1987-88 OPC Leaders #14 – Glen Hanlon
We’ve all had to live down an embarrassing photo at least once in our lifetime. These “Kodak moments” we’ve had to endure were usually the byproduct of too much alcohol or a lousy haircut. My eight grade class photo was forever ruined by a bad case of “bed head.” Later on in college, a friend and I got drunk one night, and stumbled around my dorm room, knocking into things, while my roommate got photos of our buffoonery. Not much you can do about that, just laugh it off. Besides, it’s not like our own embarrassing photographs get printed in the thousands, and distributed in packs of hockey cards like this little gem of Red Wings goalie Glen Hanlon. Continue reading “Card of the Week: Kodak Moment”
1983-84 O-Pee-Chee #131 – Ken Solheim
Look at the back of this card of Ken Solheim, and you will see that he was traded from the Minnesota North Stars to the Detroit Red Wings near the end of the 1982-83 season.
Flip the card over to the front, and you’ll notice that Solheim’s North Stars uniform has been airbrushed over, so as to look like a Red Wings uniform.
However, the card still has a North Stars name and logo at the top, as well as an annoying little bit of text that reads “Now with Minnesota”.
Now with Minnesota? And yet, Solheim’s North Stars jersey has been painted over to look like a Red Wings jersey. What’s going on here? What team is he on? Continue reading “Card of the Week: Return to Sender”
1990 7th Inning Sketch OHL Promotional Christmas Card
Crashing through the snow…
In a one horse open skate…
In December of 1990, I received a different kind of Christmas card. This card measured 2 1/2″ by 3 1/2″, and showed Santa Claus abandoning his familiar red sleigh in lieu of a giant hockey skate. (Could you call it an ice skleight?) Continue reading “A One Horse Open Skate”
1972-73 Topps Keith Magnuson – Card #87
Considering that the 1972-73 Topps Hockey set was comprised mainly of posed shots – with a few grainy game-action photos here and there – this stands out as the strangest card from that set…and quite possibly the 1970s. I mean, what could possibly top this distorted photograph of hockey tough guy Keith Magnuson? Continue reading “Distorted Defenseman”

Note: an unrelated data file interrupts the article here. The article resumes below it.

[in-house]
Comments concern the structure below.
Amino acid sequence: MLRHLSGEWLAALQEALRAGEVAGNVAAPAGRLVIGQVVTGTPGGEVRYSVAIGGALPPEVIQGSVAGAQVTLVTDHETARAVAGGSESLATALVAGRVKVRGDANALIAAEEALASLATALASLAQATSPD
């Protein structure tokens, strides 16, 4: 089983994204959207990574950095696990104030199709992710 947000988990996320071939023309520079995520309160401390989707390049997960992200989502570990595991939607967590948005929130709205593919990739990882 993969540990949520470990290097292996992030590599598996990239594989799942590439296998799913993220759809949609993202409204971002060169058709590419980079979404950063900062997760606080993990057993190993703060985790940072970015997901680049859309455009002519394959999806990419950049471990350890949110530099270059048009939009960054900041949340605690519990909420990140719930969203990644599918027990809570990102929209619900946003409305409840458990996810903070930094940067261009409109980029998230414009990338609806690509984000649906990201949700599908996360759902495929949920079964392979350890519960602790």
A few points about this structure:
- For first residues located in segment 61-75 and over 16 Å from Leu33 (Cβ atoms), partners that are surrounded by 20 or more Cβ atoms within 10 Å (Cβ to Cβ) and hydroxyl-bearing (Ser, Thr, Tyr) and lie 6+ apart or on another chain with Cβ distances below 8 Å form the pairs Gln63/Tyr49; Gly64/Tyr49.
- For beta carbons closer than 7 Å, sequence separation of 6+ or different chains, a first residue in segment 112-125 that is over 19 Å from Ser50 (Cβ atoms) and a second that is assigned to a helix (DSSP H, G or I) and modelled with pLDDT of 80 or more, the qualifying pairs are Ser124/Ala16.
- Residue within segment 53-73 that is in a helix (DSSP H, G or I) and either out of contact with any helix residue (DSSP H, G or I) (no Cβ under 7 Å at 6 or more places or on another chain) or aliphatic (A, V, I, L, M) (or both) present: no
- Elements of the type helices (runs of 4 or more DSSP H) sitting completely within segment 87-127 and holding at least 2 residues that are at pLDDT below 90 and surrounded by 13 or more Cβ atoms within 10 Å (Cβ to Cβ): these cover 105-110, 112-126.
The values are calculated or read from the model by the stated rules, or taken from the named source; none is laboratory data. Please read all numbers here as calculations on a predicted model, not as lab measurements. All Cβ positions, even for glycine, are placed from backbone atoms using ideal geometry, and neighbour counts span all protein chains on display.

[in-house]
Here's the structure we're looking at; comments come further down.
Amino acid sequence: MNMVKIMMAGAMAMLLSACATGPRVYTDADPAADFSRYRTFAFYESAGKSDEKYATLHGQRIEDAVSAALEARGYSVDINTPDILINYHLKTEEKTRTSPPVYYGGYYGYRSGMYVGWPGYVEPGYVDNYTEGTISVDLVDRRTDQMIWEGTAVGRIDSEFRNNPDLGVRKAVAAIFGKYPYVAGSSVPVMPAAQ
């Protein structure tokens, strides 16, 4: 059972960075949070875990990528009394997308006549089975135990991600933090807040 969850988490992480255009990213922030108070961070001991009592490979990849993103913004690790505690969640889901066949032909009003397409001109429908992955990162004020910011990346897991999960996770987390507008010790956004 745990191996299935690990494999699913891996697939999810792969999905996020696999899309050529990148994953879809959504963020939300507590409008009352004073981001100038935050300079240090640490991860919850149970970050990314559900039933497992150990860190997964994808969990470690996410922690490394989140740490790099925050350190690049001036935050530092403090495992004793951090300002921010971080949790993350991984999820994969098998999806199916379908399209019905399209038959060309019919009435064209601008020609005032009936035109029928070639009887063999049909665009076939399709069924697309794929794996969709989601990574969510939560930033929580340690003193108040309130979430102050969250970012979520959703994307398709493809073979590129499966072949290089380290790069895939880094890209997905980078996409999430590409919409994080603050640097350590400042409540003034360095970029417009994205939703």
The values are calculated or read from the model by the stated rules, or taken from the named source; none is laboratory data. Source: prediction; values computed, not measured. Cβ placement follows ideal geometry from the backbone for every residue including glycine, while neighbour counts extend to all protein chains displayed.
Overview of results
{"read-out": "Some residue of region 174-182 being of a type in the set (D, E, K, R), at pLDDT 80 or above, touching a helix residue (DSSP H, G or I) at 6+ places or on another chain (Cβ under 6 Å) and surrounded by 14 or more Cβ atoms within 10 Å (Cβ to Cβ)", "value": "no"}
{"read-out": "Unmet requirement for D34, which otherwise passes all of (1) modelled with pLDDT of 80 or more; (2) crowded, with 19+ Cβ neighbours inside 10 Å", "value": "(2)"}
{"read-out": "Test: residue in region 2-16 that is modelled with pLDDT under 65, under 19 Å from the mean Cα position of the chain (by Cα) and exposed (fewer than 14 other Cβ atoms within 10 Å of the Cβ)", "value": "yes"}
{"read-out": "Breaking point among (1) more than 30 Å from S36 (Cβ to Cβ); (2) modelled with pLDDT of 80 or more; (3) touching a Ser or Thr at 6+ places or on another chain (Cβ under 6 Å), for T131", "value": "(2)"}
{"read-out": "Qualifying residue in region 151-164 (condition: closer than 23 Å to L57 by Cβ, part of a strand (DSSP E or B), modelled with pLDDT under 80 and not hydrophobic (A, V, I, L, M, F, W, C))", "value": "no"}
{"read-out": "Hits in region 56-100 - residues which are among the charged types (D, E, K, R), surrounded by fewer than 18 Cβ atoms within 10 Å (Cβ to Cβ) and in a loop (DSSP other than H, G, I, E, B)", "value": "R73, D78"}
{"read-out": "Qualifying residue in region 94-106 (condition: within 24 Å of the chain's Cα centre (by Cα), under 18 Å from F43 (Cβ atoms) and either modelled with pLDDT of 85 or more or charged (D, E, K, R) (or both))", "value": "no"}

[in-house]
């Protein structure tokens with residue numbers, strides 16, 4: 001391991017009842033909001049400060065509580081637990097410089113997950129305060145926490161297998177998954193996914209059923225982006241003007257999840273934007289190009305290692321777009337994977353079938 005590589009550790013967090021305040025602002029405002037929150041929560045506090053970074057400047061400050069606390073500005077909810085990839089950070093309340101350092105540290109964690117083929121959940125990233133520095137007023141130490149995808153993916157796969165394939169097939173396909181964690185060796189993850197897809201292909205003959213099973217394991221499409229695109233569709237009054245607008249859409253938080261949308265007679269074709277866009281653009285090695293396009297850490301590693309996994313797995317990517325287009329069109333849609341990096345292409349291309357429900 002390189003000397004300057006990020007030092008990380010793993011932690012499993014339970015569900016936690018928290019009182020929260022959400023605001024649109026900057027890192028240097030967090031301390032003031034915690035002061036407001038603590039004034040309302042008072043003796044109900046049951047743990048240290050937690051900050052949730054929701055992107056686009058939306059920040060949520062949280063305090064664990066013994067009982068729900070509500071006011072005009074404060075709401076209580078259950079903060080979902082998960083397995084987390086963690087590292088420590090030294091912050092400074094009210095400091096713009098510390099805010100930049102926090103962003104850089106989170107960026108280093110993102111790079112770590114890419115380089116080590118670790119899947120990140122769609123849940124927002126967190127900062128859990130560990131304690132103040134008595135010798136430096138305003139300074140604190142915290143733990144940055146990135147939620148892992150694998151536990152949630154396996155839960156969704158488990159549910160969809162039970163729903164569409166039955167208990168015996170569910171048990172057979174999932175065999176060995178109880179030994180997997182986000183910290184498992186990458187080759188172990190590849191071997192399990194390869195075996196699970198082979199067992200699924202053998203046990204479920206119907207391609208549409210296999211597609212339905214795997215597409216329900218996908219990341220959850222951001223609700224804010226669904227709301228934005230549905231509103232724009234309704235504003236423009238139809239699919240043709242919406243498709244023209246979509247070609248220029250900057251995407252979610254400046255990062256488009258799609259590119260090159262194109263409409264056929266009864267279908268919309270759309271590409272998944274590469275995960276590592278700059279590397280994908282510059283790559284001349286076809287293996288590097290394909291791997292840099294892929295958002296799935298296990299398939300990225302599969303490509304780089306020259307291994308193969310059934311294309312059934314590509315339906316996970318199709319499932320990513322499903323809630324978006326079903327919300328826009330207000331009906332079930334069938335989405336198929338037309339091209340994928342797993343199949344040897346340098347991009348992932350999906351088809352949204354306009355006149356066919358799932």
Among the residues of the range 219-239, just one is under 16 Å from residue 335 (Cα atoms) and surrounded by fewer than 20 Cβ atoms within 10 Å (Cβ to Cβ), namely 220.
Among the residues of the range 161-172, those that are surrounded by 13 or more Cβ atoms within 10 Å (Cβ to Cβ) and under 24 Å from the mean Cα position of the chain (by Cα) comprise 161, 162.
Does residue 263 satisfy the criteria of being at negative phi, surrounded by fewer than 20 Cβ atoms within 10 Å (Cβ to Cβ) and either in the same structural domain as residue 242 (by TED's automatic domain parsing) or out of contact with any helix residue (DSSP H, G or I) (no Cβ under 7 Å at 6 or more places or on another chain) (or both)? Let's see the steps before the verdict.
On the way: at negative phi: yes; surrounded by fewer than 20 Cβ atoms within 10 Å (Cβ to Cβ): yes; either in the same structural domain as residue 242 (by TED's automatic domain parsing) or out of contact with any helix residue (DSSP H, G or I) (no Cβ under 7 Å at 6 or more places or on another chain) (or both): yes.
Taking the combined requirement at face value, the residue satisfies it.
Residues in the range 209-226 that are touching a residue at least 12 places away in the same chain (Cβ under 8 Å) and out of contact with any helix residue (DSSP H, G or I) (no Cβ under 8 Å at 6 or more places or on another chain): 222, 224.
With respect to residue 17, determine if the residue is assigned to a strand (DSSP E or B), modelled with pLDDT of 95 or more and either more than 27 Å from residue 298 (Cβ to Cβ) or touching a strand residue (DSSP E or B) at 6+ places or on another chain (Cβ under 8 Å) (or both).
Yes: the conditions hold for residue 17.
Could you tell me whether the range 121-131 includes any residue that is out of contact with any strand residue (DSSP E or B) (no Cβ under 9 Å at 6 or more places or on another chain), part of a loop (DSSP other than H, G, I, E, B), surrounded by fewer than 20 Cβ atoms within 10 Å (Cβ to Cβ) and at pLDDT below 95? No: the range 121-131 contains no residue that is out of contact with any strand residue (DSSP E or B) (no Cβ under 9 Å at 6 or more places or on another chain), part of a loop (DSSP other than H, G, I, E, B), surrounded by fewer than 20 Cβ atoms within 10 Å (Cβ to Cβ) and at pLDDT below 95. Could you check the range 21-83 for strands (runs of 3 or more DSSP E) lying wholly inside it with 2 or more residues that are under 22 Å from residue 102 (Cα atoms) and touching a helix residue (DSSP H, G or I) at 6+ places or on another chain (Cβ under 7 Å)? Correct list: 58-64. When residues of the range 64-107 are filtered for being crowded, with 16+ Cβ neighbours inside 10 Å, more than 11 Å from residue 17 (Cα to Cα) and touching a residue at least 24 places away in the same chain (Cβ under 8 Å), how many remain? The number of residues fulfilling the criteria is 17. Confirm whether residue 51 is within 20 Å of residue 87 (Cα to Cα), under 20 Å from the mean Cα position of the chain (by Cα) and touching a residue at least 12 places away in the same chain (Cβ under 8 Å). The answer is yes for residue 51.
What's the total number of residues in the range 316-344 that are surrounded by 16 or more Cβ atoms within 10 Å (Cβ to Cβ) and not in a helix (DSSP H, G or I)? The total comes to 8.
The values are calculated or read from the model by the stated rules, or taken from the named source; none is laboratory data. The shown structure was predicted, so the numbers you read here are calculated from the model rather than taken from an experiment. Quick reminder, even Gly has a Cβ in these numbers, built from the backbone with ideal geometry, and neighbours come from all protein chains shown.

Ten-card set a must for goalie collectors
One of the coolest things that makes hockey so different is the uniqueness of the goaltender. Not only do hockey goalies wear padding all over their body to stop flying pucks, but they can have their mask painted any way they want – a tradition that started with Gerry Cheevers in the 1970s and continues to this day. You would never see a football quarterback paint his helmet differently than his teammates, or a baseball power hitter emblazon his batting helmet with his nickname. But in hockey, this is perfectly normal – hell it’s almost expected. From Cheever’s “stitches” to John Vanbiesbrouck’s “Panther”, custom goalie masks are as much a part of the game of hockey as an open ice hit, the slap shot or the Zamboni itself.
In 1993, Leaf Trading Card company released “The Leaf Set”, a high-quality hockey card set which featured several insert sets. One of these was a ten-card set called “Painted Warriors”, which keyed in on ten of the best goalies of the 1990s. Continue reading “Review: 1993-94 Leaf Painted Warriors”
1990-91 Score Canadian Mark Messier – Promo Card
Every now and then, trading card companies release promo cards to dealers and distributors, to show off what a new card set will look like, and hopefully increase orders for the product.
In the late summer of 1990, trading card manufacturer Score issued several such promo cards for their 1990-91 Score Hockey set. The promo cards were almost identical to the actual cards that were issued in the set a few months later.
But not this card.
Continue reading “Don’t Mess With Messier”
Robitaille and Oates stand out in this sleeper set.
During the 1986-87 season, Topps increased its hockey set from 165 cards to 198 cards. This year continued the trend of 198 cards, as that seemed to be a comfortable number of cards for Topps to handle. Hockey cards were not popular in the United States in the 1980s – remember, there were no Topps hockey card sets for 1982-83 or 1983-84. So, it would not make sense to make their hockey sets as large as say, their annual Football set, which was usually around 396 cards. Continue reading “Review: 1987-88 Topps Hockey”
Run-of-the-mill set with legends thrown in for good measure
The 2006-07 SP Authentic set featured the typical short-printed rookie cards and one-per-box autographs. The short-printed cards were limited to just 999 copies each. Since many collectors bought multiple boxes with dreams of getting some expensive insert card, the result is that they end up with multiple base sets (1-100). Go on eBay, and you’ll find people trying to get rid of base sets for $5 or $10.
Since I only have the base set, that is what is reviewed here. Continue reading “Review: 2006-07 SP Authentic”
1973-74 Topps card #151 – Phil Roberto
Most hockey card photography from the late 1960s and early 1970s consisted of either portraits or posed shots. By the mid-70s, Topps and O-Pee-Chee started to use game action photography. And nothing says ACTION like two hockey players fighting. Phil Roberto, of the St. Louis Blues, is shown here fighting New York Islanders’ goaltender Billy Smith while two linesmen attempt to break them up. Continue reading “Fight Card”
Four times the size and almost twice the fun of regular hockey cards
Bigger is better, or so they usually say. The O-Pee-Chee Super Photos set, released in 1981, features cards that are 5″ wide by 7″ tall – four times the size of a standard hockey card. Twenty four portrait-type photographs comprise the set. As cool as these jumbo cards are, the bland, almost blank backs, leave something to be desired. Continue reading “Review: 1980-81 O-Pee-Chee Hockey Super Photos”